On the remote western coast of Australia lies a UNESCO World Heritage Site above and below the sea. Researchers from the U.S. Geological Survey and University of Western Australia convened here at Ningaloo Reef and Jurabi Coastal Reserve to embark on the most extensive study EVER done into how coral reefs shape our coasts.
Please... be patient while the video loads. If you're on a slow internet connection, allow more time for the video to load prior to clicking the play button. This will help avoid buffering. [Transcript]
CAPTIONS running on the video: On the remote western coast of Australia lies a UNESCO World Heritage Site above and below the sea. Researchers from the U.S. Geological Survey and University of Western Australia convened here at Ningaloo Reef and Jurabi Coastal Reserve to embark on the most extensive study EVER done into how coral reefs shape our coasts.
[Intro starts with kangaroo hopping down a mountain, to a shot of the coast and lettuce coral, to Ningaloo’s location on a map]
It’s important to know because...
Curt Storlazzi: How do those reefs maintain shorelines in the face of both climate change and sea-level rise?
To figure that out, the team set 90 sensors in 44 places to cover about a square mile of this World Heritage Site, which is Australia’s largest fringing reef.
[Underwater shots of carrying gear and placing on the reef.]
Ryan Lowe: We are measuring waves, currents, water levels variation. And they have a lot of instrumentation to measure how much sediment is being transported in the water column, as well as at the beds.
[panning shot of tripod, and gear on the bottom]
Though decades of research tell us how waves and currents act when it’s a sandy bottom, we don’t really know the physics of what happens when they hit a large coral reef. The reef and its shape can radically transform waves and currents and how they move sand from the reef to the shore. Coral reefs break down over time, and that rubble makes up these sandy beaches. But how does the sand get there? Understanding those patterns will give Australians great insight into the protective role of reefs, and it will help USGS forecast what could happen to America’s fringing reefs. Without the reef’s influence, Ningaloo would not even have its beautiful white sandy beaches.
[shots of waves breaking over the reef, and an animation of where rubble travels on the reef. Still images of different types of reef, along with aerial video of an American reef, to Australian backdrop and beach]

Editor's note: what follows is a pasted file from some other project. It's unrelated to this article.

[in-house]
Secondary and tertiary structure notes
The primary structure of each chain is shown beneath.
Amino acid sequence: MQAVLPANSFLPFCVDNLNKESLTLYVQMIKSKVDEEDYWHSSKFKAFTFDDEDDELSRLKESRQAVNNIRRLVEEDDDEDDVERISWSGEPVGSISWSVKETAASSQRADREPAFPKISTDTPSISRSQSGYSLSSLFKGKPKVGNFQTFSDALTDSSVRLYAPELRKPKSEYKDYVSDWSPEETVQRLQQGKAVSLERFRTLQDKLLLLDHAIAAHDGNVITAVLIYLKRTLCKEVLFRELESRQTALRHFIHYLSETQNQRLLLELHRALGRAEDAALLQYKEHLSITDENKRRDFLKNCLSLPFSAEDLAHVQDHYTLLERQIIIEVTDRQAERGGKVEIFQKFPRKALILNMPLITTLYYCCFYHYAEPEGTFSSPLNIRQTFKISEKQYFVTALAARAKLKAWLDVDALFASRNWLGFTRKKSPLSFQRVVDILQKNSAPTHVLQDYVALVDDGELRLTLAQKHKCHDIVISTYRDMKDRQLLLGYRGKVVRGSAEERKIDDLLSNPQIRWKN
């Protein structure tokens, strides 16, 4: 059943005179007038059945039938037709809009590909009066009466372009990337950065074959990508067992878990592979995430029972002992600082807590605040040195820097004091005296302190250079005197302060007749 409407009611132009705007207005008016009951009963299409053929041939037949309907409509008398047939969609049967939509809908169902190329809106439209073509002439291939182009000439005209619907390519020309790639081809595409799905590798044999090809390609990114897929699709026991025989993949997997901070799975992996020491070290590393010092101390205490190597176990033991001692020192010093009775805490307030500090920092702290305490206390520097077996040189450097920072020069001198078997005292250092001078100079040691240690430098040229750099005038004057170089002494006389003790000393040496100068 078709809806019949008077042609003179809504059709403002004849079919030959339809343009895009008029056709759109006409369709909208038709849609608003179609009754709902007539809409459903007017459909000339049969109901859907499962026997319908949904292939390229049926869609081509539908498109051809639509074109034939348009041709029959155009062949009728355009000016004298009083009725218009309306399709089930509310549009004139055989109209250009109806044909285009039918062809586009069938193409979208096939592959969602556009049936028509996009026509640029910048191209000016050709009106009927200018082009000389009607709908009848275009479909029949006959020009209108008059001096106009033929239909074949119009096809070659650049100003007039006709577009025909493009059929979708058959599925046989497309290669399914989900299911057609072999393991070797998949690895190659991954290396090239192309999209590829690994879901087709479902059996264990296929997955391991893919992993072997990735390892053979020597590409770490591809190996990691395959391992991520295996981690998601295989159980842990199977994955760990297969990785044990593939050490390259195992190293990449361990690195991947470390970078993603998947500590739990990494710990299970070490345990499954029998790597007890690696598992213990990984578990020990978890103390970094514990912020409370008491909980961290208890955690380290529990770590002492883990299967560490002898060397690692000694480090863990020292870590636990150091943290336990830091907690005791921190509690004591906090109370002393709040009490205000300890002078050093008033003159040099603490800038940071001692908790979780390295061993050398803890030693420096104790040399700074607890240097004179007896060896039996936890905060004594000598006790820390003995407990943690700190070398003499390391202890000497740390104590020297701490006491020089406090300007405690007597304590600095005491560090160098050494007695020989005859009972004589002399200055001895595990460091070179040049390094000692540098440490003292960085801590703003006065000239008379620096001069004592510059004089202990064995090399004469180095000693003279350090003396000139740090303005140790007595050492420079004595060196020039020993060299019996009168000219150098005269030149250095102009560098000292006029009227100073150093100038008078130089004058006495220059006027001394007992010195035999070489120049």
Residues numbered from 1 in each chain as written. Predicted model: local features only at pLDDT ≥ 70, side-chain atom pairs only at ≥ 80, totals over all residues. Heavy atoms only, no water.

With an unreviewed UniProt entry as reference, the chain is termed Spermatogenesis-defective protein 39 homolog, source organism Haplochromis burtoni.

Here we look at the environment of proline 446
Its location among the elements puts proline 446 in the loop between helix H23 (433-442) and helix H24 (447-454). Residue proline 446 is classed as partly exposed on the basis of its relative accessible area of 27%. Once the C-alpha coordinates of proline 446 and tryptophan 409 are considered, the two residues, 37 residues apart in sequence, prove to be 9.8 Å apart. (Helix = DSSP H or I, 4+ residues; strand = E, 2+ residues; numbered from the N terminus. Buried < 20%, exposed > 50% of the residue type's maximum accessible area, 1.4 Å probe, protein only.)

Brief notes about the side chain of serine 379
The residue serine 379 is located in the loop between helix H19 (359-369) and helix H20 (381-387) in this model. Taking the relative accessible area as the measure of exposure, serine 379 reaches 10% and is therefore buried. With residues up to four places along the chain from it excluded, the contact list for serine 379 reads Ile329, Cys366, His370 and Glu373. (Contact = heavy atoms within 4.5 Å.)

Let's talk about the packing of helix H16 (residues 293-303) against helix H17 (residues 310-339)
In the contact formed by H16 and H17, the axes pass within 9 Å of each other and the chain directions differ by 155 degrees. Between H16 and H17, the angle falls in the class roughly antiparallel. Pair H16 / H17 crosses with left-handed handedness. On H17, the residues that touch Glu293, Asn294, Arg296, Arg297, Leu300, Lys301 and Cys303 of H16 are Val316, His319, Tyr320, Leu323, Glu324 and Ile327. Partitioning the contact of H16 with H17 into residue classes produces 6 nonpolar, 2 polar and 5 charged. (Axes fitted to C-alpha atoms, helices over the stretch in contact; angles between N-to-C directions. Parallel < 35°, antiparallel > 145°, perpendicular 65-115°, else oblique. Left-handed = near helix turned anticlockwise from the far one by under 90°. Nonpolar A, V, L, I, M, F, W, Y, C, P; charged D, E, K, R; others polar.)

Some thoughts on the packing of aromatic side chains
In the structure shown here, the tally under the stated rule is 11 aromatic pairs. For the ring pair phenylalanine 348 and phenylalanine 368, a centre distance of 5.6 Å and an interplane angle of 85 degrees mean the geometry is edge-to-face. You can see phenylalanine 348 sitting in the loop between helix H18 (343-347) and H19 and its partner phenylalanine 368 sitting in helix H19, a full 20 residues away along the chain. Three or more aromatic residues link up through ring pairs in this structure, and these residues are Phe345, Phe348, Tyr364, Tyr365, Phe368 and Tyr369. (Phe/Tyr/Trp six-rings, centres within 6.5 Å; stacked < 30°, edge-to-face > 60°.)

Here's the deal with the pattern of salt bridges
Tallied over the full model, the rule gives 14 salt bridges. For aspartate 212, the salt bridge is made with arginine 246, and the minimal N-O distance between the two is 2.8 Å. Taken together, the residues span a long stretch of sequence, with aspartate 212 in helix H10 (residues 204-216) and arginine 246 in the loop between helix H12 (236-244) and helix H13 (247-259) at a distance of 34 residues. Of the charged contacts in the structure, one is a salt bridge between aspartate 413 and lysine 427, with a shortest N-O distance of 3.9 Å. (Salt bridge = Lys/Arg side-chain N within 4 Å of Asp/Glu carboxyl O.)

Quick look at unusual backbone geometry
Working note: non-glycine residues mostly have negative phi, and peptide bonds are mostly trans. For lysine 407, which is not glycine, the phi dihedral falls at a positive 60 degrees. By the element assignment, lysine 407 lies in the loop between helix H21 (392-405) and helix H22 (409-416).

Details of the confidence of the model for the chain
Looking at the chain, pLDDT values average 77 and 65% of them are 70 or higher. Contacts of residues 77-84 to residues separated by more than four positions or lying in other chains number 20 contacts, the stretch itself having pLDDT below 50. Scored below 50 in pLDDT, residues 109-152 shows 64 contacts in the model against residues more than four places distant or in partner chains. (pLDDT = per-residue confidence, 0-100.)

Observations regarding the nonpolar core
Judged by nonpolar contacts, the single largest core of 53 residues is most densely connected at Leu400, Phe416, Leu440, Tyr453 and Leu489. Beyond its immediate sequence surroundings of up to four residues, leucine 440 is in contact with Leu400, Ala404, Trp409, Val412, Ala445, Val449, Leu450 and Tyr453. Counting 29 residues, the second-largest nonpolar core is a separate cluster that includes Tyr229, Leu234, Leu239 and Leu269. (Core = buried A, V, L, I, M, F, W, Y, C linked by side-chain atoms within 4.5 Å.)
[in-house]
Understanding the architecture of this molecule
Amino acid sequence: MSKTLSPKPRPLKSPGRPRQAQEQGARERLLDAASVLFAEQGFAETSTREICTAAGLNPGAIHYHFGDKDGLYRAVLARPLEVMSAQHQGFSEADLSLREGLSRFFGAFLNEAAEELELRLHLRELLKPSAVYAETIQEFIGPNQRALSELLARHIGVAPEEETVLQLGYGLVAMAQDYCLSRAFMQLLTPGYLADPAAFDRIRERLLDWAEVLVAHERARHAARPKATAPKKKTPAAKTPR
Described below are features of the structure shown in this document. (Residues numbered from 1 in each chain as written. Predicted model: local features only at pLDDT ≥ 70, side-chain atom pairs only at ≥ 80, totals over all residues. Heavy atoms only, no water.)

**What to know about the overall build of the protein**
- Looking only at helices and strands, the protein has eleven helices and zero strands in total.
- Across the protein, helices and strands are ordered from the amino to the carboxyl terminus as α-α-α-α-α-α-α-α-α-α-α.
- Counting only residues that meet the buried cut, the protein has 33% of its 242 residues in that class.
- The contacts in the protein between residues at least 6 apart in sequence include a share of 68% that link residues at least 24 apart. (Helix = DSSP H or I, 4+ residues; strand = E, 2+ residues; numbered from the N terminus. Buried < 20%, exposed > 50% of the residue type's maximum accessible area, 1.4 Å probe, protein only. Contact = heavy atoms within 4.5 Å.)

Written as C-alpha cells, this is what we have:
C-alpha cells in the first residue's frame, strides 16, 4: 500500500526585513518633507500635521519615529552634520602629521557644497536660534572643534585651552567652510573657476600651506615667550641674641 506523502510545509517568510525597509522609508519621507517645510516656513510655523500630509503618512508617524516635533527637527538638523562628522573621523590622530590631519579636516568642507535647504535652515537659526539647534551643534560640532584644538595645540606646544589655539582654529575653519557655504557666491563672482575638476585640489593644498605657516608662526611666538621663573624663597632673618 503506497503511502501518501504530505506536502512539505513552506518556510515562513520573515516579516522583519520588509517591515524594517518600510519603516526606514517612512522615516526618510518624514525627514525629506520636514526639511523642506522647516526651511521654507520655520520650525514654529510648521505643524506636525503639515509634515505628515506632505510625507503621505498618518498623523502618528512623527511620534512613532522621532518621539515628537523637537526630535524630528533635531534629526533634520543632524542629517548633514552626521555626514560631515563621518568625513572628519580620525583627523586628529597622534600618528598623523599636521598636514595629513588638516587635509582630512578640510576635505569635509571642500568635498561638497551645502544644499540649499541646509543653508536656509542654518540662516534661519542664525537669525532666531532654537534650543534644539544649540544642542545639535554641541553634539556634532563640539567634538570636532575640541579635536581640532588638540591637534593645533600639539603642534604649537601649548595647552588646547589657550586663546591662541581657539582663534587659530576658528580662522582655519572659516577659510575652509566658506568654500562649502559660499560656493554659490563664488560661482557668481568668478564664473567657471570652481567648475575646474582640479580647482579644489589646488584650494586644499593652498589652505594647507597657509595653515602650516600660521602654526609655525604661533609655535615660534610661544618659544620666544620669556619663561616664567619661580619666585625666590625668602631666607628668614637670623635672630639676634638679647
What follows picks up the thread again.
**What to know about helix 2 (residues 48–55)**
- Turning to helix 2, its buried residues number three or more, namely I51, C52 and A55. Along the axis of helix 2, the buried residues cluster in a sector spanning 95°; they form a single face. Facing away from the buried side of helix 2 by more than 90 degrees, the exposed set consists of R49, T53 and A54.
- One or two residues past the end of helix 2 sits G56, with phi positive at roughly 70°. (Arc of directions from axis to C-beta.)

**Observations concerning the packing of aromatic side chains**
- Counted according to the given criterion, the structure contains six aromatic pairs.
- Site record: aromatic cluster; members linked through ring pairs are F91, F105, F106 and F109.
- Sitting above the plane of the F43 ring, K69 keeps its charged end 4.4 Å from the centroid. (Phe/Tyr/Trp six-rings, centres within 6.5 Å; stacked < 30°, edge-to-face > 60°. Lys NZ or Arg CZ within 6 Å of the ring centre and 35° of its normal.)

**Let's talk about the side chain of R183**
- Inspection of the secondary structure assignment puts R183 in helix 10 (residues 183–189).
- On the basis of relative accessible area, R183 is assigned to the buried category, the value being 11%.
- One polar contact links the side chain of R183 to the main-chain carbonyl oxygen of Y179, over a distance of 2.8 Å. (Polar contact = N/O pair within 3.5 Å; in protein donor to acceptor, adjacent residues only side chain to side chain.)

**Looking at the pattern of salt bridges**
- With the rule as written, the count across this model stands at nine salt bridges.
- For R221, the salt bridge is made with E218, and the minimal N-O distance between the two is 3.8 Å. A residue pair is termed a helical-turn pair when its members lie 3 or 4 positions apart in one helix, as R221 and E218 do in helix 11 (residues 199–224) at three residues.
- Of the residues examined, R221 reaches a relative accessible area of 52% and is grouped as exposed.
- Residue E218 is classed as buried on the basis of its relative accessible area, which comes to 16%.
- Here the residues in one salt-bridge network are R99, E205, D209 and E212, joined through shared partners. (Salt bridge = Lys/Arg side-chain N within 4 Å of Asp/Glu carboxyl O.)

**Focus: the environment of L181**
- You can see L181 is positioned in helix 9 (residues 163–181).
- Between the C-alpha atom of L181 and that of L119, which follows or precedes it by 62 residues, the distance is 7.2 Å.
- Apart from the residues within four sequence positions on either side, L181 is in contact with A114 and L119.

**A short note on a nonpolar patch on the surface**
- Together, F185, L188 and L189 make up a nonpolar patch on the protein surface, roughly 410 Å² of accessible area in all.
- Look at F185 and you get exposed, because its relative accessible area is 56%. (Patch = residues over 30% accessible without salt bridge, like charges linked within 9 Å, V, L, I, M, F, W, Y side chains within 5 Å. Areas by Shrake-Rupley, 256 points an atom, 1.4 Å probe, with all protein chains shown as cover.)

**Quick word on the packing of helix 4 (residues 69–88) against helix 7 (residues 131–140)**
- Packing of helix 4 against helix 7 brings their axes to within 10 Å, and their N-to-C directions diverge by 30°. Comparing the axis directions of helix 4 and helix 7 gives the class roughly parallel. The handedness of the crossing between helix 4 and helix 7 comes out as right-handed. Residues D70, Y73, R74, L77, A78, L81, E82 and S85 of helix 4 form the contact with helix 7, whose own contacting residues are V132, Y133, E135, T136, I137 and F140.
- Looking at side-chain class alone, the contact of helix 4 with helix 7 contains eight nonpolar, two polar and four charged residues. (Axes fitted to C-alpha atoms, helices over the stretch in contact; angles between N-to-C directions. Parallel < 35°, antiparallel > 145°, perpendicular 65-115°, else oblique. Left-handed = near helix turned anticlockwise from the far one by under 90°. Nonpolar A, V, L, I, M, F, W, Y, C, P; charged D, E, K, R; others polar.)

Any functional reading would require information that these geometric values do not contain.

The first challenge: shipping hundreds of pieces of equipment thousands of miles across the Pacific Ocean. It took about five days to assemble everything.
[Gear loaded up in the back, and some panning time-lapse shots of putting together the tripods over several days (even next to those cooking at a BBQ).]
Jeff Hansen: The tripods were looking at the individual sand ripples to figure out if that is a mechanism of sand migrating across the lagoon to the shoreline.
The stainless steel tripods weighed about 350 pounds after strapping on all the monitoring tools, including cameras to capture the shifting seabed.
[A tripod is loaded on a truck and loaded off a boat and video shows moving sand in a ripple.]
Using inflatable boats, small research vessels, and the power of human swimmers, the team took about a week to place all the instruments in water ranging from thigh high to nearly 70 feet deep. Working in the pounding surf zone, with tiger sharks swimming near the gear, was not the fun part.
[loading an inflatable boat in the surf zone, a diver jumping off a boat, and Jeff swimming near the surface, deploying gear overboard to hand off to divers, to a shot of a wave hitting the camera to Jeff swimming through the surf zone, fade into a tiger shark.]
Jeff: Buckley has been making me swim too much...
[panning shot to team working behind their computers, to shots of Ningaloo above and below sea level, video of fish swimming through the reef, to fisherman casting their line along the shoreline, to a closing shot of a grouper swimming.]
After about a month, they’ve collected more data than they could ever crunch. So, they’ll make all of it publically available for others wanting to know how reefs function in other ways. With big changes to our oceans, reefs will likely be a focus for many years to come. After all, they provide essential coastal protection and food for hundreds of millions of people worldwide.
If we lose the coral reefs, what else do we lose?
Thank you to:
USGS and WMA for providing all video and still footage
Tiger shark photo, Albert Kok, Wikimedia Creative Commons 3.0
Music by Ketsa (Son of the Widow), CC license and Podington Bear (Dimmy), creative commons license 3.0
Produced by Amy West